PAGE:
United States v. John White

Filing 920110228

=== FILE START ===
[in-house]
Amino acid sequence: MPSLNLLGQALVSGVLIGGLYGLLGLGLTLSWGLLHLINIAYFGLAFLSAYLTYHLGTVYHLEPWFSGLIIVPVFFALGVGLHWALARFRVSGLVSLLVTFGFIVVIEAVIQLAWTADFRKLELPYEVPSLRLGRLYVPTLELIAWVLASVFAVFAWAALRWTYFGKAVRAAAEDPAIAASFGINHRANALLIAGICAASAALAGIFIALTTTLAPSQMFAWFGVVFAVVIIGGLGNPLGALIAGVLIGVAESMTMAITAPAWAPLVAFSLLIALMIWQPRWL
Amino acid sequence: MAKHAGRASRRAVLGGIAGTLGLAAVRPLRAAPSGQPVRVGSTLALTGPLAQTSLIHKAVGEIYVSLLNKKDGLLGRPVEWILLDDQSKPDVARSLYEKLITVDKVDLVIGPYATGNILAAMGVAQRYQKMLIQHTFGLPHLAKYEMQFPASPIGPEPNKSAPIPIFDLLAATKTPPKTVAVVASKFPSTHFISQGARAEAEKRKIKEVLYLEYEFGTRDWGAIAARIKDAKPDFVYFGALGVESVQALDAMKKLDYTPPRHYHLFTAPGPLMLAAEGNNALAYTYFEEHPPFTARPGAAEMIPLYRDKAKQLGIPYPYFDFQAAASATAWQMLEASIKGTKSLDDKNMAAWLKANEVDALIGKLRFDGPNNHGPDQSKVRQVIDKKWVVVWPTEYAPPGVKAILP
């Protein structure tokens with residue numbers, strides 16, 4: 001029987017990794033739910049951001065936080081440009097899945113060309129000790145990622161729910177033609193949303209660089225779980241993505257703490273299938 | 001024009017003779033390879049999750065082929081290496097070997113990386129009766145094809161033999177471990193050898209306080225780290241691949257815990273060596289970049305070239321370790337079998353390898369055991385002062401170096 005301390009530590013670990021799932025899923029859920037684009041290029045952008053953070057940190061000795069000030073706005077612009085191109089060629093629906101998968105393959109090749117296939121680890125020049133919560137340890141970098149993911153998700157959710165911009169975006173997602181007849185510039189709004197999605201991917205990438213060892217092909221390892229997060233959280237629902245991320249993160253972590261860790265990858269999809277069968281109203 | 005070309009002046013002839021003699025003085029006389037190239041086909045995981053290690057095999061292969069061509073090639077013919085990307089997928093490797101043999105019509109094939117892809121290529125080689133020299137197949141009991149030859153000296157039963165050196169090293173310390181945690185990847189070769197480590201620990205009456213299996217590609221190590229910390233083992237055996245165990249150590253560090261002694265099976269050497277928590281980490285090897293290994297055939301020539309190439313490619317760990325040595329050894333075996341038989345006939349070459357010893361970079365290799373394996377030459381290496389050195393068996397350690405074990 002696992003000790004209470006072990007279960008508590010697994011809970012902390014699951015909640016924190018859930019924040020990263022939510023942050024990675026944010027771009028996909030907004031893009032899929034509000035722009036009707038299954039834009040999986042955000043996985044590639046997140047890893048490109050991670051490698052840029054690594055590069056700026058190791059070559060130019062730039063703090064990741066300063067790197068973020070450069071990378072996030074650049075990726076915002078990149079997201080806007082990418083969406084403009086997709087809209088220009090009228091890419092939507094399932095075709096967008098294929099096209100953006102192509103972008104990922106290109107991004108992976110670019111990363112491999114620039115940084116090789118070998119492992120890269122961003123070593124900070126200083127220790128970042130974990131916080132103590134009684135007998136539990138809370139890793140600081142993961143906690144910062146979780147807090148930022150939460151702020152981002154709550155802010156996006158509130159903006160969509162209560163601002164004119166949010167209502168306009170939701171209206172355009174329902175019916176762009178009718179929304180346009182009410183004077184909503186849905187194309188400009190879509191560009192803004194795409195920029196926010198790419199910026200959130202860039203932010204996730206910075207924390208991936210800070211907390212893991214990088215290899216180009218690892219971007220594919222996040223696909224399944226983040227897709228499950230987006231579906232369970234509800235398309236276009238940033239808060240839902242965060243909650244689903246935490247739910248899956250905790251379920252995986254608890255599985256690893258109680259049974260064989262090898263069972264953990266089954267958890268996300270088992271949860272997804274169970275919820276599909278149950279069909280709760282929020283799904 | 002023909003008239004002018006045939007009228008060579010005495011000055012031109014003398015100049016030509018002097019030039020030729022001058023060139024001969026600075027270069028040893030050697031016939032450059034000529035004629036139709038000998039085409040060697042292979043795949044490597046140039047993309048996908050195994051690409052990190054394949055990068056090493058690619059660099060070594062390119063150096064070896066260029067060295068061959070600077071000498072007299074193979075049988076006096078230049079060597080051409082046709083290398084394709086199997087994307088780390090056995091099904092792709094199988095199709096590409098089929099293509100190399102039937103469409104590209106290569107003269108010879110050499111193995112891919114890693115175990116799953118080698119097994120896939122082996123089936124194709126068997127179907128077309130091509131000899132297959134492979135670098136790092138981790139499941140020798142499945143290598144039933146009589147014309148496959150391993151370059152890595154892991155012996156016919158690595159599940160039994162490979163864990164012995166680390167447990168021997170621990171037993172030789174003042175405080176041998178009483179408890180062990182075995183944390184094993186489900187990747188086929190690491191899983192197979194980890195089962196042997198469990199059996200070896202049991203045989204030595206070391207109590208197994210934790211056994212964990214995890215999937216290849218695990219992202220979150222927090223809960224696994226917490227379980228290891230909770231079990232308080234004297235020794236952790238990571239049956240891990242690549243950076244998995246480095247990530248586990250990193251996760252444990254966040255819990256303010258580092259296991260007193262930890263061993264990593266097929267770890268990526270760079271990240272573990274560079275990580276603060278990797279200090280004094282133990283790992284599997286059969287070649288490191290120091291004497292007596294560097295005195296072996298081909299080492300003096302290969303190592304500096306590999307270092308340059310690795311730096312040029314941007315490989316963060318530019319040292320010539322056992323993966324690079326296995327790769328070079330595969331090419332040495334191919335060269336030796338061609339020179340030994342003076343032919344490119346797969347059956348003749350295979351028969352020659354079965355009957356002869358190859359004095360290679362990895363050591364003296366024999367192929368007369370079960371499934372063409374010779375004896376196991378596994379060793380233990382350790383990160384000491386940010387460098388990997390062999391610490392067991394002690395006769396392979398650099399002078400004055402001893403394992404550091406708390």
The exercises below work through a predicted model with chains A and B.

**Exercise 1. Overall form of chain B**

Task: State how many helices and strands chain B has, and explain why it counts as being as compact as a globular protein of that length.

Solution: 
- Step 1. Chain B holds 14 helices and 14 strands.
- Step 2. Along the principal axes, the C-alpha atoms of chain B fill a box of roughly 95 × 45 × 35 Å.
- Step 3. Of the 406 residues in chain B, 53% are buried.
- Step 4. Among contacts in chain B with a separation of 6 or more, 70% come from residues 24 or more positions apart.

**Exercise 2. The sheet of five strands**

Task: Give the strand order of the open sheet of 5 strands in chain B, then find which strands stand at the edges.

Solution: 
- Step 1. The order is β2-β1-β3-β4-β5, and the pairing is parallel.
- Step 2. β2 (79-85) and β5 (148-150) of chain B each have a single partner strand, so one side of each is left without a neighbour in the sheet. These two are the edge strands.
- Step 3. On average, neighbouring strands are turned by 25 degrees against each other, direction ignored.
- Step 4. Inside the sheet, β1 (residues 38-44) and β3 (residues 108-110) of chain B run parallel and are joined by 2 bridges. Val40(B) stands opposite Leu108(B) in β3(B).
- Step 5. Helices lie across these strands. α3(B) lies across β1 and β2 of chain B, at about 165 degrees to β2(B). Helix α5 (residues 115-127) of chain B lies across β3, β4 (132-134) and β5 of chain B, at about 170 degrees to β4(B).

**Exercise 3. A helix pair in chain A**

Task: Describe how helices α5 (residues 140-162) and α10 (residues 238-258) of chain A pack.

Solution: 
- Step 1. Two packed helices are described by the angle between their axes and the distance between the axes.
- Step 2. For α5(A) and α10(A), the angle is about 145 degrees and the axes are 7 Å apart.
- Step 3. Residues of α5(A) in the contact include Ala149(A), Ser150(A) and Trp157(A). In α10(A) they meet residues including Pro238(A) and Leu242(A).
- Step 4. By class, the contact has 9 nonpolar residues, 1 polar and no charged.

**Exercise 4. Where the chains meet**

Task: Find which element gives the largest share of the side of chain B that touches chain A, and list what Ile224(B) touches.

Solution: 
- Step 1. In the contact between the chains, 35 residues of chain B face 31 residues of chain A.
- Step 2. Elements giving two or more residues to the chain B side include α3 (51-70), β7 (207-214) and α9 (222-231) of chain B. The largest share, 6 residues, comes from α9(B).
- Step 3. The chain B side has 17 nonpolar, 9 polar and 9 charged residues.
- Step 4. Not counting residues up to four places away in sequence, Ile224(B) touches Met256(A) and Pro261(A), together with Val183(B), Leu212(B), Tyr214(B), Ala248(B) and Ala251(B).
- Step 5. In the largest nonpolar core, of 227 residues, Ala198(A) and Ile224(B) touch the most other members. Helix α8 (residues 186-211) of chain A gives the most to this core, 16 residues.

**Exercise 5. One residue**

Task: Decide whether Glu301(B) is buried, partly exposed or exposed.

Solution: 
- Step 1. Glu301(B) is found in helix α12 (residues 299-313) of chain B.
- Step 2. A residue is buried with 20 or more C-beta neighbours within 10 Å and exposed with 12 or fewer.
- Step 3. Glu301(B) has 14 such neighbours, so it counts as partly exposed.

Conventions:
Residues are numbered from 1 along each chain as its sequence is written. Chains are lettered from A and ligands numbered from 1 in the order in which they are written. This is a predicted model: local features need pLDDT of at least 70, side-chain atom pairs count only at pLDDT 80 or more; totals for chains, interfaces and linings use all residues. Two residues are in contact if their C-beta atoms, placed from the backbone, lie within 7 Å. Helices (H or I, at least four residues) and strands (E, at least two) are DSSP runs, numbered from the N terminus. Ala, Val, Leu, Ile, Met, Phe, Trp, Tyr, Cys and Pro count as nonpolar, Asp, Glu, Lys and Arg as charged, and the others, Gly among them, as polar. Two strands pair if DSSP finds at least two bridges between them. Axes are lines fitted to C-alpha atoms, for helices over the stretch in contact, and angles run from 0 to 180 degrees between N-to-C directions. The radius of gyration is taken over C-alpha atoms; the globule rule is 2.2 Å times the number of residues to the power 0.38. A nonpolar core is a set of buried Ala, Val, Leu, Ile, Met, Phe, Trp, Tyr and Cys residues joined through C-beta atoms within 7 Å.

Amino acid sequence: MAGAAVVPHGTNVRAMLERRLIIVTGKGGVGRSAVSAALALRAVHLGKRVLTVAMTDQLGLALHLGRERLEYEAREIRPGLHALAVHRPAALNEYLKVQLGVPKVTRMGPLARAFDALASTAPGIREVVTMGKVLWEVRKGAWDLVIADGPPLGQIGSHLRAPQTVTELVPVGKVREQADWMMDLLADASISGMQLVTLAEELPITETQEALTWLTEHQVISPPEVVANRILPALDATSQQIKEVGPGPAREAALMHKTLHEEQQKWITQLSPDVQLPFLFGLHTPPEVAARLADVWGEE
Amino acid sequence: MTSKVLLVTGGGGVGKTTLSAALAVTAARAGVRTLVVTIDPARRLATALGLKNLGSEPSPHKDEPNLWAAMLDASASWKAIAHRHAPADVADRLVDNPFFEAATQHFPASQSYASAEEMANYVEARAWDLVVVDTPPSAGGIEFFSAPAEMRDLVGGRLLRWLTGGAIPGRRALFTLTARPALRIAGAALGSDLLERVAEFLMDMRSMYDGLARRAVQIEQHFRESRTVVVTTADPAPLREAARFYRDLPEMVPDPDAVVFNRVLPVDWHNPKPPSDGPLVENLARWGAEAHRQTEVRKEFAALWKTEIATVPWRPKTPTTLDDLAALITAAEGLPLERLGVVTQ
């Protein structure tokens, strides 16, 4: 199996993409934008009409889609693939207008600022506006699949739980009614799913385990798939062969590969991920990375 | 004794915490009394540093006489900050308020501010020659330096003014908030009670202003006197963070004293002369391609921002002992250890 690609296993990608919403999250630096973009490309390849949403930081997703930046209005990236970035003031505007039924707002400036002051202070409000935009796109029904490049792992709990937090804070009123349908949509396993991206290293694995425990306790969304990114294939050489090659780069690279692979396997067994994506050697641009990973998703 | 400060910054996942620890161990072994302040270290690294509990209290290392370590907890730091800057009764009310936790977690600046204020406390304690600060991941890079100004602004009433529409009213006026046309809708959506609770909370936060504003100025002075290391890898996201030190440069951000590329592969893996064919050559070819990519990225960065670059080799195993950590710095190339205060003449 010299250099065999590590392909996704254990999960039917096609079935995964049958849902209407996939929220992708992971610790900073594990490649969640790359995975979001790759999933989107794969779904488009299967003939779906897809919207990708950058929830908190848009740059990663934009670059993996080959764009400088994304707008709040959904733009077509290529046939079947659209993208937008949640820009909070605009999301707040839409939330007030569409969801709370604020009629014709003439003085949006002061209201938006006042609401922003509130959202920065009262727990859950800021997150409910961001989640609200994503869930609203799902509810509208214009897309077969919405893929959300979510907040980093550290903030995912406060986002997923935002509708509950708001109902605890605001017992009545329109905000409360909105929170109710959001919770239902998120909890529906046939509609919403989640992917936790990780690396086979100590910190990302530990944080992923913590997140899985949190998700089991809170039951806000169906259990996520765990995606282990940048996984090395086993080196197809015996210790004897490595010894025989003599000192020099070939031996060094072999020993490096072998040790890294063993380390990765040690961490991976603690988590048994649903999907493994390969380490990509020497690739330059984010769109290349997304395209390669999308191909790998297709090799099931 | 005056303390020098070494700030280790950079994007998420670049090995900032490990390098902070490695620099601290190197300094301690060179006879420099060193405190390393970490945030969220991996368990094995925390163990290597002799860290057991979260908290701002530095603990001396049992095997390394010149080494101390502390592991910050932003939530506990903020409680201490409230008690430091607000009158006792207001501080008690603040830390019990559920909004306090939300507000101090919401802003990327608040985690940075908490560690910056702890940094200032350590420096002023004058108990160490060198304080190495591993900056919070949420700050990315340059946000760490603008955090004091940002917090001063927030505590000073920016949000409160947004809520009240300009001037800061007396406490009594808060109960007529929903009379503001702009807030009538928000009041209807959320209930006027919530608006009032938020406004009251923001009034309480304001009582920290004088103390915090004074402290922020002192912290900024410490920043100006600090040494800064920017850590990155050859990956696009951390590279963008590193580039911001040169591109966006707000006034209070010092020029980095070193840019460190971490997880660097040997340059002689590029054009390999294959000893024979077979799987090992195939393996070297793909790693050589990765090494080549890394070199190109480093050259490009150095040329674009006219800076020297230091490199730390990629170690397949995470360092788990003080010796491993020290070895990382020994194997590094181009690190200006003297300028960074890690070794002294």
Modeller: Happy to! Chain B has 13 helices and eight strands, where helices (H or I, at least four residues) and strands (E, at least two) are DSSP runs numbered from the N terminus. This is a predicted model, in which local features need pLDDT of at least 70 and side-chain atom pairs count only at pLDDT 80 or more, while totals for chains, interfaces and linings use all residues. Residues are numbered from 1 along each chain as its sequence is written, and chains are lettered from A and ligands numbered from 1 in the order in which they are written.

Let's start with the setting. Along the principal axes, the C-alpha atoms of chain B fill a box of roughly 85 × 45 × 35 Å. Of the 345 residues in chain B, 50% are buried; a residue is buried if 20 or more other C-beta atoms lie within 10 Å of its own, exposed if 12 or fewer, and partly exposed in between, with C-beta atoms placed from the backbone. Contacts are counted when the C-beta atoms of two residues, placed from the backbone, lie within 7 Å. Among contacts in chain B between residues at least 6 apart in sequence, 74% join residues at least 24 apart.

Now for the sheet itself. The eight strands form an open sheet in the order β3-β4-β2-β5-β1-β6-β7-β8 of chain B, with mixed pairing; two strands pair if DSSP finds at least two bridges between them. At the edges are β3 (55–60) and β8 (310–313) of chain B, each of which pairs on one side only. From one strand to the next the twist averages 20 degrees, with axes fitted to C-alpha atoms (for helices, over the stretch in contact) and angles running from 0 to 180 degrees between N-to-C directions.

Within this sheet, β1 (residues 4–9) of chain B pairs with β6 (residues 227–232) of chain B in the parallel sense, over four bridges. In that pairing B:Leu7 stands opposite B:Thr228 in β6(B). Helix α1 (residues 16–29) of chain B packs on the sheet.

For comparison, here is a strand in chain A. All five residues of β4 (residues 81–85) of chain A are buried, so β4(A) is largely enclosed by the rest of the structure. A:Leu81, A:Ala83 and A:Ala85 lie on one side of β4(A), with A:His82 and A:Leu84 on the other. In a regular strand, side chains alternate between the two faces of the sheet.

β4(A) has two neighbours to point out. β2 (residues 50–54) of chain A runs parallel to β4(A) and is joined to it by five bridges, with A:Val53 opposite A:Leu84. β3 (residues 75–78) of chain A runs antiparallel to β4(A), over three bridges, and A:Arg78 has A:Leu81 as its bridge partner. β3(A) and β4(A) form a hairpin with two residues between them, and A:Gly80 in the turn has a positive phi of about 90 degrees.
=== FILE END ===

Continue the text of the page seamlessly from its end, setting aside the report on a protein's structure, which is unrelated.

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United States Court of Appeals FOR THE EIGHTH CIRCUIT ___________ No. 10-2584 ___________ United States of America, Appellee, v. John White, Appellant. * * * * Appeal from the United States * District Court for the * District of Minnesota. * * [UNPUBLISHED] * ___________ Submitted: February 14, 2011 Filed: February 28, 2011 ___________ Before RILEY, Chief Judge, WOLLMAN and BYE, Circuit Judges. ___________ PER CURIAM. John White pleaded guilty to possession of a stolen firearm in violation of 18 U.S.C. 922(j) and 924(a)(2). The district court1 sentenced White to sixty-three months of imprisonment, followed by three years of supervised release. After completing his term of imprisonment, White violated multiple conditions of supervised release, which resulted in a modification of conditions by the district court. Subsequent to his fourth violation of supervised release, the district court sentenced White to ten months of incarceration, followed by two months of The Honorable Ann D. Montgomery, United States District Judge for the District of Minnesota. 1 supervised release. White appeals, contending the ten-month term of incarceration is greater than necessary to accomplish the goals of sentencing and supervision, and is therefore unreasonable. We affirm. White is a paranoid schizophrenic who struggles with borderline intellectual functioning and alcoholism. The instant violation occurred after he began to feel paranoid while residing at a halfway house. Believing that other residents were tampering with his food and wishing him harm, White left the halfway house without permission. He was eventually found drunk in an individual's back yard and arrested. At the revocation hearing, White admitted to violating conditions of his supervised release. Sympathetic to White's condition, the district court engaged in a lengthy discussion with White about how to best address his mental health issues and the danger he posed to himself and the community. The court concluded there had to be a consequence for White's conduct, and it sentenced him to ten months' imprisonment, followed by two months' supervised release in order to allow White to properly transition back into the community. White contends the district court abused its discretion by imposing an unreasonable sentence of ten months' incarceration. He argues the court gave insufficient weight to the role his mental health played in his violation because he absconded due to his paranoid and delusional beliefs that other residents intended to harm him. Moreover, White asserts the court overvalued the need to sanction him in the offense, in that a lesser sentence could have provided an equally meaningful consequence without being greater than necessary. "`We review a challenge to the reasonableness of a sentence for abuse of discretion.'" United States v. Price, 542 F.3d 617, 622 (8th Cir. 2008) (quoting United States v. Starr, 533 F.3d 985, 1003 (8th Cir. 2008)). "`A district court abuses its discretion and imposes an unreasonable sentence when it fails to consider a relevant and significant factor, gives significant weight to an irrelevant or improper -2- factor, or considers the appropriate factors but commits a clear error of judgment in weighing those factors.'" United States v. Asalati, 615 F.3d 1001, 1006 (8th Cir. 2010) (quoting United States v. Kreitinger, 576 F.3d 500, 503 (8th Cir. 2009)). We conclude the district court's revocation sentence is not unreasonable. First, the court sentenced White within the advisory Guidelines range of 8-14 months. See United States v. Bauer, 626 F.3d 1004, 1010 (8th Cir. 2010) ("Where, as here, the sentence imposed is within the advisory guideline range, we accord it a presumption of reasonableness."). The court thoroughly considered the relevant factors under 18 U.S.C. 3553(a) in reaching its sentencing determination, including White's history and characteristics and the nature and circumstances of the offense. The court also considered the need for the sentence imposed to reflect the seriousness of the offense, provide just punishment and adequate deterrence, protect the public, and provide White with the most appropriate correctional setting. Contrary to White's argument, the court, which had long-standing familiarity with White, was sensitive to his mental health issues, going so far as to continue the revocation hearing for two weeks to explore White's current mental condition and any correctional placement options that might best suit his needs. Under these circumstances, we cannot say the court abused its discretion in sentencing White to ten months' imprisonment. See United States v. Larue, 376 Fed. Appx. 645, 647 (8th Cir. 2010) (unpublished per curiam) (holding a within-Guidelines sentence was not substantively unreasonable where the district court considered the defendant's criminal history and health condition in light of the 3553(a) factors). We affirm the district court's sentence. ______________________________ -3-

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